I’m fairly certain people would be able to figure out the point on their own, but Bruce still asks the question and Alfred still has to answer it. It’s not so in your face as some moments, but still overdone. Here’s another unnecessarily explicit one:

We’ve already seen Bane being badass. We know Bruce is injured. We can guess he’ll get his ass handed to him by Bane – and he does. Wouldn’t it have been more gratifying for the audience’s prediction to be correct, rather than to make it an ‘I-told-you-so’ moment for Alfred. Everything’s been communicated visually. There is no point in the two minutes you have just witnessed. The film Austin Powers even mocks this tendency before the time of Nolan by naming its exposition character … Basil Exposition. Inception is full of lengthy, talky exposition, but this episode of South Park called Insheeption illustrates the point far more elegantly (i.e through images rather than prose) than I could.

I feel that Nolan is really sucking the joy out of cinema with this kind of thing; pandering to a generation of people who just blurt out, “Who’s this? Why’s he doing that? Why’s Hulk green? Why won’t you like him when he’s angry?” rather than just watching and seeing. The audience is robbed of their journey, of thinking for themselves about what things mean and then seeing if they were right. Or perhaps Nolan is so insecure regarding his ownership of the film that he deliberately shuts down future discussion by being so explicit. He doesn’t often want critics to ponder or audiences to argue about meaning or message. It’s nice that he throws us a bone with the spinning top at the end of Inception where this issue is concerned.

Predator, for all its lack of apparent complexity, is a thematically rich film. In many ways it is incredibly clever; in the very least it is perfectly paced and sequenced so that we do not need wordy explanations beyond the opening briefing which I ran through the Nolaniser.
So how is Predator clever? Let me slip on my Michael Caine mask and I’ll explain through lengthy prose.

Thematically, Predator is a great constructor and deconstructor. It delights in building up modern notions of masculinity just to smash them down. After the briefing and character establishment we have the chopper ride into the jungle, where – superficially at least – the heroes trade sexist banter. The song playing over the top – Long Tall Sally - is about a woman luring a man away from his wife (Short fat Fanny). Two men – Hawkins and Blaine – subtly manage to reveal their own sexual insecurity. With Hawkins it is through immature pussy gags, with Blaine it is claims of being transformed into a “goddamn sexual Tyrannosaurus” by chewing tobacco. The wonderful irony is that they will be the ones getting shafted in this movie!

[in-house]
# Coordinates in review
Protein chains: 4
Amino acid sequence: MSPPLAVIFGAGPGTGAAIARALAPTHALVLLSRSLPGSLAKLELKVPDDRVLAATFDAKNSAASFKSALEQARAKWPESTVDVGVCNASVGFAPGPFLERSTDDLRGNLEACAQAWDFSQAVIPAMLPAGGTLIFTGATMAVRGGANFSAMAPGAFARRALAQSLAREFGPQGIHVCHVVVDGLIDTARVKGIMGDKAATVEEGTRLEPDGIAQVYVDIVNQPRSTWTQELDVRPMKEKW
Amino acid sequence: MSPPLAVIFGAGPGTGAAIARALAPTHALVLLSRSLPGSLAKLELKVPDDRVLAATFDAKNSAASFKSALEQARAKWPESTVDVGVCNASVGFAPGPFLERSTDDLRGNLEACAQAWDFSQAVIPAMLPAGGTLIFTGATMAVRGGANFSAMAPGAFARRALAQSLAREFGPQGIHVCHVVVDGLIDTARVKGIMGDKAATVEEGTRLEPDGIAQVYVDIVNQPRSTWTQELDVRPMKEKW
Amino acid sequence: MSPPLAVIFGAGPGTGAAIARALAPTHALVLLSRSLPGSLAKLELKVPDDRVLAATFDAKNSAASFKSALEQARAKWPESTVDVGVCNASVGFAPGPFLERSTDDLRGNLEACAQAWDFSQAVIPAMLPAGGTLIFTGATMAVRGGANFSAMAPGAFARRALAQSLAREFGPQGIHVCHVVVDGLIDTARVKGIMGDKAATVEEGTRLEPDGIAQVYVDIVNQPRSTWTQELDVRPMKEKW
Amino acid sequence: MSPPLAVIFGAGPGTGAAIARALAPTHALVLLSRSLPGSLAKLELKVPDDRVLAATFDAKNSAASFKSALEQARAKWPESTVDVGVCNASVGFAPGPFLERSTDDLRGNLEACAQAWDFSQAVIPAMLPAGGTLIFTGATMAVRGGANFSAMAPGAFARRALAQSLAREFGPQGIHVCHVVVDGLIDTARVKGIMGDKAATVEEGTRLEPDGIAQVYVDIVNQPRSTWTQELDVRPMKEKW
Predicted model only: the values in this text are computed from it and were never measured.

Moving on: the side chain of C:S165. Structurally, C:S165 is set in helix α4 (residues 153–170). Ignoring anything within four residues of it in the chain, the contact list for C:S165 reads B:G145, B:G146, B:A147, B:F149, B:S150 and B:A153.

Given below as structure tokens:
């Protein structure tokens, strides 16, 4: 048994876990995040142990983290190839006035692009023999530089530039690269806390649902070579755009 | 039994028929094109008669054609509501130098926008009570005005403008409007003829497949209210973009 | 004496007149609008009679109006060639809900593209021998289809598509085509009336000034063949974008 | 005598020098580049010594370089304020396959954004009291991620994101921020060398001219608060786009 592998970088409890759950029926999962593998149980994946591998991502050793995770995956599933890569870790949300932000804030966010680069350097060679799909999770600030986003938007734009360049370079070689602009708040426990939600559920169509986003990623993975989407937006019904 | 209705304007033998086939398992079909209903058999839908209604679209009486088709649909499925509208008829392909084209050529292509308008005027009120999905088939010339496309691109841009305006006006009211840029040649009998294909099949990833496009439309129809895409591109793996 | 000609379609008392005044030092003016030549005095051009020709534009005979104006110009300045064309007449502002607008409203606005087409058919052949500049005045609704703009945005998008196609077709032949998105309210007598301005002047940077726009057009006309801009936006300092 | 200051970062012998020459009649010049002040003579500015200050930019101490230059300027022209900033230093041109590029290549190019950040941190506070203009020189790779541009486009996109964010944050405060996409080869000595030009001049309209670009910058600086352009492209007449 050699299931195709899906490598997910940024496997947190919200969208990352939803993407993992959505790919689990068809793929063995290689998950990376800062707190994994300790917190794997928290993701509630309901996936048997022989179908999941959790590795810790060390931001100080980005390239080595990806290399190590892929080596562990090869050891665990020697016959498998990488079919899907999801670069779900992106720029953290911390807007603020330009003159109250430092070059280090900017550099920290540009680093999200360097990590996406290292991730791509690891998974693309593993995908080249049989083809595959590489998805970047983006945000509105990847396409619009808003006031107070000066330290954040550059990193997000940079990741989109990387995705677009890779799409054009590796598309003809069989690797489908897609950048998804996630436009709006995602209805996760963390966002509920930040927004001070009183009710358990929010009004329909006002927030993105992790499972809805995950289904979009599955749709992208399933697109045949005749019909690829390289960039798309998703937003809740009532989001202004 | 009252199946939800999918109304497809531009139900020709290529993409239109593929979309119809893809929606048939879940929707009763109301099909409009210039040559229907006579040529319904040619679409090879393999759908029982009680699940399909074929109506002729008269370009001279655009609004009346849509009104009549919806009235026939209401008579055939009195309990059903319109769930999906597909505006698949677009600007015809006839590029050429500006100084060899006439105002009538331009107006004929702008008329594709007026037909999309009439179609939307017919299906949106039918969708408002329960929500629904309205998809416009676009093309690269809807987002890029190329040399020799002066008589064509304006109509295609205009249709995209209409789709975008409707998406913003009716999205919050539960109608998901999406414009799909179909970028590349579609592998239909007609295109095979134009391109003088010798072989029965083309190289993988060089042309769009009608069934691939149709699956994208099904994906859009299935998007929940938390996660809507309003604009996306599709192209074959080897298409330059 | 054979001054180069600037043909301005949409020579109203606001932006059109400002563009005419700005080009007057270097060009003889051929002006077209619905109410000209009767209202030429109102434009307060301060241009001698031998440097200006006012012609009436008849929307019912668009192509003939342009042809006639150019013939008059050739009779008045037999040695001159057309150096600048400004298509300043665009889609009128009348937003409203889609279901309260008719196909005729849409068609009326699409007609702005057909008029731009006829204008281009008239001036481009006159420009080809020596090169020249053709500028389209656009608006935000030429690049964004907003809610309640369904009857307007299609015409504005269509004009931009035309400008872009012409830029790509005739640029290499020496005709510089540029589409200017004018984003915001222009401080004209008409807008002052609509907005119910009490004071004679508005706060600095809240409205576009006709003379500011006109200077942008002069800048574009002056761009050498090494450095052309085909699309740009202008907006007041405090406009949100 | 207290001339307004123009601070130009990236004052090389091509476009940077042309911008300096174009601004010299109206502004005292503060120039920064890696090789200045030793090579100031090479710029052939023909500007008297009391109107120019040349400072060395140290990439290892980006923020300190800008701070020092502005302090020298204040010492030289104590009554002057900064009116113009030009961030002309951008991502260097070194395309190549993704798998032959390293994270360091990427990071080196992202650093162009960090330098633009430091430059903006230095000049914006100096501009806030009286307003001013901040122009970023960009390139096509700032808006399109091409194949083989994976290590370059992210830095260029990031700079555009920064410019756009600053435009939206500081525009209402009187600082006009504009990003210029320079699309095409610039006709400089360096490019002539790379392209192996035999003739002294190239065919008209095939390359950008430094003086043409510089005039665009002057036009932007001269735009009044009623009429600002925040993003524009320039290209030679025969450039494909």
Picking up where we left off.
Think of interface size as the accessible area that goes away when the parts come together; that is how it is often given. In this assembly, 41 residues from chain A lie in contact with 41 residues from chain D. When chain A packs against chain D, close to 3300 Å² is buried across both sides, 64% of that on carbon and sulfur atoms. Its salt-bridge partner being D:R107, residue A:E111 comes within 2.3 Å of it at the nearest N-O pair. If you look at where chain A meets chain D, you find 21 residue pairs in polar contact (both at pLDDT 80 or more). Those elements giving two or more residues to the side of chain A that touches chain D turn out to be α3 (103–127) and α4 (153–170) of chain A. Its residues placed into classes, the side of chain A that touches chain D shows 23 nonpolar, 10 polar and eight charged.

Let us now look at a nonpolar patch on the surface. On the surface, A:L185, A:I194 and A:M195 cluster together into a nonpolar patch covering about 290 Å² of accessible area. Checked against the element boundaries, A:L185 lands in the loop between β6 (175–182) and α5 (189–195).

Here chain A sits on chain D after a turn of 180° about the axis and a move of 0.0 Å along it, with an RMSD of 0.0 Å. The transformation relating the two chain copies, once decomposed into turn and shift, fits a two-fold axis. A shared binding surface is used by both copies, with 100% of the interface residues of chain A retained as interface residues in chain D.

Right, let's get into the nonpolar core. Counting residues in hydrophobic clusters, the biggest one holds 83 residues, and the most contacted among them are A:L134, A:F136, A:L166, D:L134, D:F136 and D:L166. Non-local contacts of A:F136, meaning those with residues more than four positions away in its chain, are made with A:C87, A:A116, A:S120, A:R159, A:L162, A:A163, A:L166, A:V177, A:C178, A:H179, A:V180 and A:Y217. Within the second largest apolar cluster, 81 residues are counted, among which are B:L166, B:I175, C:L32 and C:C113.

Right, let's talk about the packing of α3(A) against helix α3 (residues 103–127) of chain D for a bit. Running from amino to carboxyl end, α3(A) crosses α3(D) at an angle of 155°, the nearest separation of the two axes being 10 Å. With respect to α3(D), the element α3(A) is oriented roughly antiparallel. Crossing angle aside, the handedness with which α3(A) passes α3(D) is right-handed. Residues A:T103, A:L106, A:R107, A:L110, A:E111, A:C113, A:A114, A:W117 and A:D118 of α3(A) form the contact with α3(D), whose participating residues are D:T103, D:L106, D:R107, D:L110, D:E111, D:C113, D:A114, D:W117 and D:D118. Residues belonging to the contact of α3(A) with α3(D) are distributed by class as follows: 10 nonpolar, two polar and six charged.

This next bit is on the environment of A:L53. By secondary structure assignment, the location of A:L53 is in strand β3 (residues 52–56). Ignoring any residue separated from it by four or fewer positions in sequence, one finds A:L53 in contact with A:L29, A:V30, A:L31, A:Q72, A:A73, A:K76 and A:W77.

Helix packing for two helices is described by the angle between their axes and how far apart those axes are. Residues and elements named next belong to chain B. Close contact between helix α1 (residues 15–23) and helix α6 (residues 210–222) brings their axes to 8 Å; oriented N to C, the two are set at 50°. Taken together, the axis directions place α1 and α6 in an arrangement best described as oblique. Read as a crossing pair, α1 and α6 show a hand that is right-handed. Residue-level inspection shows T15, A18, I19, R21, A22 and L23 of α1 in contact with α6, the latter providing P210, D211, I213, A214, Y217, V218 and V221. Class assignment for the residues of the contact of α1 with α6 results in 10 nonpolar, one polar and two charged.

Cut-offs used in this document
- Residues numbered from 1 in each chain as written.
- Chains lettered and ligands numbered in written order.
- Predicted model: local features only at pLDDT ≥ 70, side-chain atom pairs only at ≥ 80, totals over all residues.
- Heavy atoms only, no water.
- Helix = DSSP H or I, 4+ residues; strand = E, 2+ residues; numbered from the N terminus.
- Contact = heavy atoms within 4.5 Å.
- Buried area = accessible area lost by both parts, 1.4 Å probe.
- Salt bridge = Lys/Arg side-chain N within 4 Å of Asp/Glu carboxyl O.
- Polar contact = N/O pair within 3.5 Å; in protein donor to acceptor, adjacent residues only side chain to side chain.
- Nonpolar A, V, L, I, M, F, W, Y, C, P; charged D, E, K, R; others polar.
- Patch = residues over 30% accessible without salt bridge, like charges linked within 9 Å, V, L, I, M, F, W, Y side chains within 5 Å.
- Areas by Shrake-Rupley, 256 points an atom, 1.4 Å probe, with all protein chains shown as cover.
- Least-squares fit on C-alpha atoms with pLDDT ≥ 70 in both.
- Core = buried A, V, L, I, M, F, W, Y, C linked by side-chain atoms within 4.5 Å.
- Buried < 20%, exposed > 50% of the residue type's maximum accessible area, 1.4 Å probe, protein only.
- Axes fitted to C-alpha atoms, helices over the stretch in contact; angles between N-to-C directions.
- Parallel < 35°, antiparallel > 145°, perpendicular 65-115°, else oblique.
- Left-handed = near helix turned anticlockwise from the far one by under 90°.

In a masterful piece of sequencing we then get a Demonstration of Competence moment wherein our team blasts through a guerrilla encampment. This serves two functions. When the titular Predator begins hunting down the team with ease, we can tell it is a whole new level of badass. We do not need Alfred to tell us it is badass up front. Our expectations are toyed with. Additionally, it helps deconstruct the notion of western military supremacy. The elite commando team is picked off by a tree-swinger hiding in the foliage. It fires plasma projectiles, granted, but its weapon still fires about as slowly as an arrow and its camouflage is simply a better version of camouflage that we have used for millennia. Schaefer (Dutch) and his team are so used to fighting with the biggest guns, their balls out and always winning that they are simply unprepared for a foe that has completely mastered the most basic, fundamental aspects of killing.

So Predator is about the failure of cigar-chomping modern masculinity on one level. But on another level, it completely turns the masculinity level on its head. Dutch is stripped down to his barest essentials, using mud as camouflage and weapons made from whittled wood, stone and good old dependable fire. He becomes the truly old-school rugged male – beating the elements, turning them to his advantage improvising his way out of everything in a battle where brains end up meaning more than brawn. So, his sophisticated commando team is beaten by a creature that employs primitive ambush tactics and the way Dutch beats it is to reduce himself to a level that’s even more primitive! Could this movie even be making a statement about how industrialisation has dulled our edge? Nah, that’s probably over-egging it.

…probably. Good job we were not told this by the movie. Where would be the fun in that?

About the Author

David M. Jackson believes that movies should be built for speed, and that Predator’s got everything that Uncle John needs. Oh baby. Yeah baby. Woo-oo baby. I’m havin’ me some fun tonight.

When he’s not smothering himself with mud and preparing to do battle with Christopher Nolan in the depths of the jungle, David teaches English and Sociology in between hurriedly writing novels. In a few months his second, Beta Ascending, will furtively slip into Amazon’s marketplace.

More from David M. Jackson:

Fight Club and the Doors of Perception

Second-Hand Stories, Second-Hand Opinions

Face It - 'The Dark Knight' is Actually Shit

Are James Cameron’s Movies Misandrist, and What Would he Hope to Gain if They Were?

Why I Love That Film: Aliens